While it's something of a faux pas to refer to another review in a review, I read some of Laura Miller's review of Brandon Taylor's new novel in Slate before reading the novel. I found it baffling then, and even more baffling after finishing The Late Americans. Miller's point--much maligned and hot-take'd on social media when it was published--is that Taylor is funny and scathing on social media in ways that he is not in his writing. Why can't his submissions to capital-L Literature--careful and crafted and thorough--be more like his emissions--dashed off, personal, casually erudite--on lowercase-s social media? A take as wrongheaded as it was full throated, which would be right at home in Taylor's funny and photorealistic portrayals of writing workshops in the book.
What's most confounding about Miller's stance on the novel, beyond the stance's very existence, is that it's way off. The Late Americans is full of laughs. Taylor relishes in the postures of politics and art and class, letting his characters speak freely in such a way that might veer close to satire if it weren't spot on. But what might confuse some readers or reviewers is that the book is both very funny and very serious. Taylor writes his characters with such intimacy that it's impossible to tell who, if anyone, he's sending up. Really, all his depictions are unflattering and fair. But caring, too. In truth, we are all of us annoying and we are all, in our way, human and valid. Whose side you take will depend on your own prejudices, overlooking the flaws in some, while narrowing in on and unforgiving those in others. What or who you laugh at is more about you, less about Taylor.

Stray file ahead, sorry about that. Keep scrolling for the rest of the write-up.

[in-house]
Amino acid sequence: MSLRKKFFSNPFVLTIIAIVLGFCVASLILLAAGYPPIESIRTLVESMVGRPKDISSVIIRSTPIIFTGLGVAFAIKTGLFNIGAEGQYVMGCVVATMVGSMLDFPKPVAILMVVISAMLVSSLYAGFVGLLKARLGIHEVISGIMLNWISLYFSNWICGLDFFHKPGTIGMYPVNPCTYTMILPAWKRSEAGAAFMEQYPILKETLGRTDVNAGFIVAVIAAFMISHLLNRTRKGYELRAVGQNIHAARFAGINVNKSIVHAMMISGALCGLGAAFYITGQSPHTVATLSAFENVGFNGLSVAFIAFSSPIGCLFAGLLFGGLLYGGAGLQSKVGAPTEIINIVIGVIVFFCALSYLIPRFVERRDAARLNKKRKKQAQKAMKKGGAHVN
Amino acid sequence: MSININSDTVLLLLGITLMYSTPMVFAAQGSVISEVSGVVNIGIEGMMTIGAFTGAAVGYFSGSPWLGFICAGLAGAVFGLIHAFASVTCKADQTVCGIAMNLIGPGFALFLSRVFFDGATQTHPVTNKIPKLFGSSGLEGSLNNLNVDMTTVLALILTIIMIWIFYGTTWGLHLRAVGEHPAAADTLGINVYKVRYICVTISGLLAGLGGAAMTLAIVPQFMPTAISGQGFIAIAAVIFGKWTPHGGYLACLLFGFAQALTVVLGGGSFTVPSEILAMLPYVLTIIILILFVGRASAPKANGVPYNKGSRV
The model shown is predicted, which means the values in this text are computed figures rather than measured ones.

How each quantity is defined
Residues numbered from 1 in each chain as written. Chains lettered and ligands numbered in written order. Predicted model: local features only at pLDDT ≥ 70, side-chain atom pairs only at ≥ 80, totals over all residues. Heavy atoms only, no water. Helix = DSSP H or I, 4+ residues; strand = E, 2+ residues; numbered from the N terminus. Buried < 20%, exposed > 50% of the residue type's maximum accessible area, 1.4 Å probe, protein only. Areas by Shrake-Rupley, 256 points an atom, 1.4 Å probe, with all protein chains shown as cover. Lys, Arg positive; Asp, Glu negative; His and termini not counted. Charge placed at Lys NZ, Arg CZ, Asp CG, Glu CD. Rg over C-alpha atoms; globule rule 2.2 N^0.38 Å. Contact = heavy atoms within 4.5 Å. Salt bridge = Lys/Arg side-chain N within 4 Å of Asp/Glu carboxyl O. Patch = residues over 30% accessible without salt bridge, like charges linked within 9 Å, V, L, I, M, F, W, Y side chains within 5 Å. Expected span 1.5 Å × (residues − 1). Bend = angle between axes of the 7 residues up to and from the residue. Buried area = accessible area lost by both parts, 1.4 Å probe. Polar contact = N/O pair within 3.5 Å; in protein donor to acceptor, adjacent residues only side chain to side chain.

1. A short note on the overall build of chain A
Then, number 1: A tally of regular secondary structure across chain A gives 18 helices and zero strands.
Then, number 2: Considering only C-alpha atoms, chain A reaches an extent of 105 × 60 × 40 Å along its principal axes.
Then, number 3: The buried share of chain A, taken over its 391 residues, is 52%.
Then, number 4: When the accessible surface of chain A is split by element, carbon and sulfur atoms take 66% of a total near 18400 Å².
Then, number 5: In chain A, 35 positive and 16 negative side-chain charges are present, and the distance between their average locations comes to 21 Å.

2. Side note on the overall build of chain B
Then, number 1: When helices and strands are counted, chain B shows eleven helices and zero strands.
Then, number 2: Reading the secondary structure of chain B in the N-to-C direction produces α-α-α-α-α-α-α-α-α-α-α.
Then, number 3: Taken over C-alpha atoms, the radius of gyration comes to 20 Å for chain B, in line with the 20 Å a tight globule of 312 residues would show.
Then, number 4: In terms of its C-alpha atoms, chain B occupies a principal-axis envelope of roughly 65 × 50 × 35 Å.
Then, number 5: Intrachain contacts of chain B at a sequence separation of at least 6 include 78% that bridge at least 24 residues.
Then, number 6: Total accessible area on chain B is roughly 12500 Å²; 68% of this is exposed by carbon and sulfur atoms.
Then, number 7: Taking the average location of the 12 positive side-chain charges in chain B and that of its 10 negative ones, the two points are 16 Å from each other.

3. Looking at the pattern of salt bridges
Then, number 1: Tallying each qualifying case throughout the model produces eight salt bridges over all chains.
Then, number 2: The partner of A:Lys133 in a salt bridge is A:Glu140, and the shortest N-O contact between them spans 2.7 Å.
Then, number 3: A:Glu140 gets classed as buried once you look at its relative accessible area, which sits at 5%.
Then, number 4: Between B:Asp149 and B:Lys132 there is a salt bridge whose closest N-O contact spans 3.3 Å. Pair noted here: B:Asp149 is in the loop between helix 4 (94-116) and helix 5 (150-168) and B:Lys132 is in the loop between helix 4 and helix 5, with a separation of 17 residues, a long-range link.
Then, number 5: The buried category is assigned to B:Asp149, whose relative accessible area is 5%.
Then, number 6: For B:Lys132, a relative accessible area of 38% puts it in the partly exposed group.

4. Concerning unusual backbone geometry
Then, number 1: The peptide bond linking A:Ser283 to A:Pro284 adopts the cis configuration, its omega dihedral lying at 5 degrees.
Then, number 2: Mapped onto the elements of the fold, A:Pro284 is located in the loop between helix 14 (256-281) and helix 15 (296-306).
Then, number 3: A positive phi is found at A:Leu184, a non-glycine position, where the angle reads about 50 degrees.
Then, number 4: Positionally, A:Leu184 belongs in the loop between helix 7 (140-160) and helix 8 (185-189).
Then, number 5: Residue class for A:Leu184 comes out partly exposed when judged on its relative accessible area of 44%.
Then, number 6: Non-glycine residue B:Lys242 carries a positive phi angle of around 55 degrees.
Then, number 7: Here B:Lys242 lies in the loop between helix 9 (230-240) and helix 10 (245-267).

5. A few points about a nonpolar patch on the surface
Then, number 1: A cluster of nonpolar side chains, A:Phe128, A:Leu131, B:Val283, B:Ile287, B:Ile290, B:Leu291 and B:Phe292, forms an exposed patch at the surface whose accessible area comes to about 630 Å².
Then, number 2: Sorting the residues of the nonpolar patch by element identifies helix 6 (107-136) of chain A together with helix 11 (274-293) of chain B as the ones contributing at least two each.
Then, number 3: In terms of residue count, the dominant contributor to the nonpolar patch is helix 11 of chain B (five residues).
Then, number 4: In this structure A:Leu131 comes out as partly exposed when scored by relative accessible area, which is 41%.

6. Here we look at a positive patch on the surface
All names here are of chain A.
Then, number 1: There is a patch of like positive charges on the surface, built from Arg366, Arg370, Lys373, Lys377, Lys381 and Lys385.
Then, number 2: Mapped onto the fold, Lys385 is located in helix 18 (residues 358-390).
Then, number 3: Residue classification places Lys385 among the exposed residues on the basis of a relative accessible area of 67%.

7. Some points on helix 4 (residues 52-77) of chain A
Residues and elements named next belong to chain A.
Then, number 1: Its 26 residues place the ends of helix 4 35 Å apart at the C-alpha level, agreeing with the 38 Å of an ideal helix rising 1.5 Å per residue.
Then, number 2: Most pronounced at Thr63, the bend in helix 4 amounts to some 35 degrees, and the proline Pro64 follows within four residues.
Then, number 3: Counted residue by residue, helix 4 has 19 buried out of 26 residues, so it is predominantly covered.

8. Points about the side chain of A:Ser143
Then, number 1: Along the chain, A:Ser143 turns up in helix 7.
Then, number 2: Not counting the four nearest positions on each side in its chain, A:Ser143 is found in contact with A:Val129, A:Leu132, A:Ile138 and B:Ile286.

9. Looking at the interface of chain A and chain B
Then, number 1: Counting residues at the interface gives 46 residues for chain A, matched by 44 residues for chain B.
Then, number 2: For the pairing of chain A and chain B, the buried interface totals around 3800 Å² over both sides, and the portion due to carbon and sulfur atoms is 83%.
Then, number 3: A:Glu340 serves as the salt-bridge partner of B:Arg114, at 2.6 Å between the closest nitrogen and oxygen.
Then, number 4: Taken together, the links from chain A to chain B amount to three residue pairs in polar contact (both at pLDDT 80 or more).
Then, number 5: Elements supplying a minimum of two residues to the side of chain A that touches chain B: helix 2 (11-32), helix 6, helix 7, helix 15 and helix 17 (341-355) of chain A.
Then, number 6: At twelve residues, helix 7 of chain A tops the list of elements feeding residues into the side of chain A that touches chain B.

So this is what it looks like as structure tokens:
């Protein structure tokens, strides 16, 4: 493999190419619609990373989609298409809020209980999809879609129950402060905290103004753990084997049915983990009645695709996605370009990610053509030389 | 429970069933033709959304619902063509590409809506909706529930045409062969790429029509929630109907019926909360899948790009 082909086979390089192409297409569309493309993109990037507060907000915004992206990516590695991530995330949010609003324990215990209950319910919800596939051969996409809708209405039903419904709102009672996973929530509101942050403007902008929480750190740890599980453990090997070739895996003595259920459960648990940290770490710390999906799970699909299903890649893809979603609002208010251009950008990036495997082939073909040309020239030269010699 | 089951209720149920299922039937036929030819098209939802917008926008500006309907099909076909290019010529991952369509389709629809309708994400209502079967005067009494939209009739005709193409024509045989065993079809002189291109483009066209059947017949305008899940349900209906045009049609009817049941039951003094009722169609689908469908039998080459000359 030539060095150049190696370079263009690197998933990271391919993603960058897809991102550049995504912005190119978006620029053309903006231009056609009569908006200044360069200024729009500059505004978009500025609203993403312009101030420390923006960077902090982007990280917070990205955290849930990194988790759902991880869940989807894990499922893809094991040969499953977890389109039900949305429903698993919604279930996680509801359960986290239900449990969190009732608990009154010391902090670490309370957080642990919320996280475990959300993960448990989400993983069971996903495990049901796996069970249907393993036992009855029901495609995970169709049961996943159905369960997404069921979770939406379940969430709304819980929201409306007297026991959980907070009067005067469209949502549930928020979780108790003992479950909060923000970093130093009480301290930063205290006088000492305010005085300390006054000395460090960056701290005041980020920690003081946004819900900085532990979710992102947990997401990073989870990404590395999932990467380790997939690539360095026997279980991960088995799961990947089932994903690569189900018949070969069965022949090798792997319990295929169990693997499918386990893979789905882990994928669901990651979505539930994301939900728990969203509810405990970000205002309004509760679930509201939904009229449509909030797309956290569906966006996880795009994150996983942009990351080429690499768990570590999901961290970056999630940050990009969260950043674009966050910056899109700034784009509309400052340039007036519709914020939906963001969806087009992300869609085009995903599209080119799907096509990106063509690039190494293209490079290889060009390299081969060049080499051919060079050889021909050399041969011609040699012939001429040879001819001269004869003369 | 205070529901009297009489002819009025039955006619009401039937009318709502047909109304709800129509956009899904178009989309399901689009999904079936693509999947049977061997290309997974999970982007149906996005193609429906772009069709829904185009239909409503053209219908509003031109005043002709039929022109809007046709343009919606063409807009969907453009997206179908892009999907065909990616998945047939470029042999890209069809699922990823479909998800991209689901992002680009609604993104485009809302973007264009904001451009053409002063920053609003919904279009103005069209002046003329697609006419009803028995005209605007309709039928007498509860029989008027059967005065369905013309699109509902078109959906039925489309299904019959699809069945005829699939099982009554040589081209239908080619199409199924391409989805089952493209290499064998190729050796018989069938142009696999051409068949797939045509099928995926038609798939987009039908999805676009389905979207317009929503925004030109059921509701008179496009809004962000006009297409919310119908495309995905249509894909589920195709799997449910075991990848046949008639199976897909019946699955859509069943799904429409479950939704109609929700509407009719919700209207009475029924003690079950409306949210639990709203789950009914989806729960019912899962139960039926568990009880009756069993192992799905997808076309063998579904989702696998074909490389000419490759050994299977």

The novel takes place at the prestigious Iowa Writers Workshop, where Taylor himself attended. Instead of lambasting fiction writers, though, Taylor focuses on poets. Taylor has said he did this to avoid the ire of fellow fiction writers, but his choice of poets I think serves the book better. Fiction, in its most popular iterations, still has an air of utility in our culture, while poetry--grad school-level poetry, at least--has mostly been written off as frivolous in the way real art is. In a novel that pits "art" against "real life," something as useless as it is essential is the only form that will do.
Early in the novel, potential villain Seamus closes out that day's workshop with an ungenerous critique of a classmate's poem. With his free afternoon, he tries to pick up a few extra hours at his job in the kitchen of a hospice. Unlike most of those classmates, Seamus doesn't come from money. Deftly, Taylor ties the knot of The Late Americans from the jump. Art and work, rich and poor, life and death: it all coexists in a snarl here. For someone so serious about his writing, Seamus has no illusions about its tangible worth when compared to a paying job. "He loved poetry but couldn't square it with the essentials of life."
But as Seamus considers the activities available at the hospice--outdoor work, readying and tending a garden--and then the joy he receives from cooking, the importance, even relevance of poetry becomes clear. If something makes life temporarily more lovely, if you can lose yourself in something that transcends mortality, such as poetry, or cooking, or gardening, or sex, then it matters. It's a beautiful, early revelation that Taylor will continue to challenge throughout the course of the novel, through a rich cast of characters.
Frivolity and utility, old and new forms, past and present, humour and earnestness, students and townies: polar opposites circle and flirt in The Late Americans, and join and separate, and rend again. There's such varied ideas and characters in The Late Americans, all rendered with equal attention and acumen, that it's the roaring antithesis of social media, which fosters the exact sort of oversimplification that Taylor eschews and, frankly, smashes to bits here.